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I wrote a paper titled “Soka Education and Digital Education Technologies: Massively Open Online Courses,” for the 2013 Soka Education Student Research Project conference. The following section is the conclusion.
Soka education’s philosophical framework for teaching and learning is appropriate for the emerging to the newly emerging educational technology field. This papers goal was to help draw attention to a field that is quickly emerging with good intentions. The growth and social cause makes it attractive to both educators, entrepreneurs, and investors. Having such a great impact on the students, it must be carefully traversed. In references to evidence oriented progress, Makiguchi states:
“We must strictly avoid following ideologies of uncertain origin that cannot be substantiated by actual proof-even if they may be the most time-honored tradition-and thereby sacrificing the precious lives of others and ourselves.”
The education technologies too must be scrutinized to insure they are being implemented for the correct reasons. While MOOCs and other tools may benefit schools in reducing costs and increasing profits, the fundamental question should revolve around how they improve a students learning opportunity.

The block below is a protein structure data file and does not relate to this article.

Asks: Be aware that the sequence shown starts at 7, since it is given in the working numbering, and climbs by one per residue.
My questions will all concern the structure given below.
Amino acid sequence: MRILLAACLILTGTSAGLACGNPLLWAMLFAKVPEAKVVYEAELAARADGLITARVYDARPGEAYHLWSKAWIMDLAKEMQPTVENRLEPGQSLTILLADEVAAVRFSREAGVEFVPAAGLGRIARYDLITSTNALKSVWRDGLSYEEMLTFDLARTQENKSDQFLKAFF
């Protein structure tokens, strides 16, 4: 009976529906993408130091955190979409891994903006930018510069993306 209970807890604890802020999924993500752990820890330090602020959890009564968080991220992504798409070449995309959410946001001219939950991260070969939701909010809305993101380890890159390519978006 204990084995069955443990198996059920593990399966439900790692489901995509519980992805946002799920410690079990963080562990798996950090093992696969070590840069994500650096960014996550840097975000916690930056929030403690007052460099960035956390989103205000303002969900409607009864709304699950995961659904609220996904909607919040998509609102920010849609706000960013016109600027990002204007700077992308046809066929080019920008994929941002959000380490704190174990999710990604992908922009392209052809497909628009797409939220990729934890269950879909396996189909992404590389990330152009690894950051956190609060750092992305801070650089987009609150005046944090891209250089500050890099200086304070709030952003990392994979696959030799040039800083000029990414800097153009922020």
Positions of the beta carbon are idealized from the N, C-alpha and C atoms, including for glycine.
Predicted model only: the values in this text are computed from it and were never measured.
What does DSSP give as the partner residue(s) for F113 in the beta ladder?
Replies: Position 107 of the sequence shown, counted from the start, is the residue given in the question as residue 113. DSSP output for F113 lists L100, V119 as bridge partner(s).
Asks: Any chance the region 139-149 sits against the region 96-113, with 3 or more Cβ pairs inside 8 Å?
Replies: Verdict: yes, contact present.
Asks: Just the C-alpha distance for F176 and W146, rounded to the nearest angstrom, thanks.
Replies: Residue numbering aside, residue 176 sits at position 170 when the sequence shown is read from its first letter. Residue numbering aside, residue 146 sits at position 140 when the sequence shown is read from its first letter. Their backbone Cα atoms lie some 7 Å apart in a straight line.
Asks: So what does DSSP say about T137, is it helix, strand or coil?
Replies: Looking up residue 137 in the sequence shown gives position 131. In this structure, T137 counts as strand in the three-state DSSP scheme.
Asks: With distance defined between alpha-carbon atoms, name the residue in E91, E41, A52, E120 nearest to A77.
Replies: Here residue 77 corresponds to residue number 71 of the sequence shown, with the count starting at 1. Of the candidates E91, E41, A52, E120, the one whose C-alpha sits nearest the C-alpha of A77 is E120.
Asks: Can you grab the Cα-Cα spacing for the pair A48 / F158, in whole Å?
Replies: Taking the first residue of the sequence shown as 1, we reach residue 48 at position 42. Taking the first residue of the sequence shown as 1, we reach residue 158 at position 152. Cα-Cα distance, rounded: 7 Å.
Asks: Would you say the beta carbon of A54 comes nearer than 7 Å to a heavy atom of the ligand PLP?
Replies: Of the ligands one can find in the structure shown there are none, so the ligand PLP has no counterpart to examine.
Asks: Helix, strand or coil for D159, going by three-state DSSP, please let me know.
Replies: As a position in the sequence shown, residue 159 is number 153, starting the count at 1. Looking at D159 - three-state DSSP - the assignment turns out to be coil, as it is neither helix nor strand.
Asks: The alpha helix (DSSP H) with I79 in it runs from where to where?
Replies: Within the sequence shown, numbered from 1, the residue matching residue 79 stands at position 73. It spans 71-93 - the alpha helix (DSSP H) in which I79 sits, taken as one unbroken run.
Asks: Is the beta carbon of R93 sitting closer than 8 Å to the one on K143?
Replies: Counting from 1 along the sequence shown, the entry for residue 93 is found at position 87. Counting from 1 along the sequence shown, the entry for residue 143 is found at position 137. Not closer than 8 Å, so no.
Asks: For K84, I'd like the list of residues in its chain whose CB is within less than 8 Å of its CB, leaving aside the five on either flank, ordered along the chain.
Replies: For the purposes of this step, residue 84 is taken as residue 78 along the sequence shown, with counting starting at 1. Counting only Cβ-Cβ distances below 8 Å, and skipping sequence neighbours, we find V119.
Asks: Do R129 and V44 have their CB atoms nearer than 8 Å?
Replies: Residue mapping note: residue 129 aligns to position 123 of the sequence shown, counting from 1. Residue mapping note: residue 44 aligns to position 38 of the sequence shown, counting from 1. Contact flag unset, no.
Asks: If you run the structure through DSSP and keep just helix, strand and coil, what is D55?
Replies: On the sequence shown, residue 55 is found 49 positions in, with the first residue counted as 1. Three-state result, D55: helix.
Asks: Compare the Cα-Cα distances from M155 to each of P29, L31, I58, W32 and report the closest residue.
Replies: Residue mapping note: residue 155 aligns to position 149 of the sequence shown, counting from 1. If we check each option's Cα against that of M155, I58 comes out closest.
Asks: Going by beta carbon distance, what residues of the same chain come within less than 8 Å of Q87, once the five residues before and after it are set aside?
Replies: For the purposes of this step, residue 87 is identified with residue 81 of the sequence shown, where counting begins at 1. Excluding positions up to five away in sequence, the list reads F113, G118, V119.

The digital technologies emerging in the education space are seeking to improve student-centered learning opportunities, but the educational technology space is not new. In the past five years, investors funding emerging private educational technology enterprises has quadrupled. These investments are spurring ventures such as MOOCs, but are still building profit-seeking entities. As a result, the driving forces behind Soka education are invaluable for reflecting on the purpose of education technology companies. Traditionally disruptive technology companies must be extremely careful in their disruption of existing educational markets. While emerging digital technologies can undoubtedly offer value to improving student experiences, many systems are already healthy.
The MOOC field is targeted at student-centeredness in a way that is inline with Soka Education. Just as the MOOCs themselves are not innately good or bad, their application must be continually considered. Companies like Udacity and Coursera are already holding classes that are eligible for actual college credit in American universities. The MOOCs are will help colleges reduce the cost of classes, expand course selection for students, and continue growing the discussion on the application of digital technology to education. The digital tools redefine “student-centeredness” by allow students to personalize their learning experiences in ways less prone to budget and institutional capacity.
Future research should further analyze the following points from the perspective of Soka education: MOOC course rights, digital resource copyright clearance, hybrid teaching pedagogies, the usage of other multimedia tools for student learning, and the efficacy of video based learning materials. These topics could each be the basis for extensive research to further the field of student-centered education using digital technologies.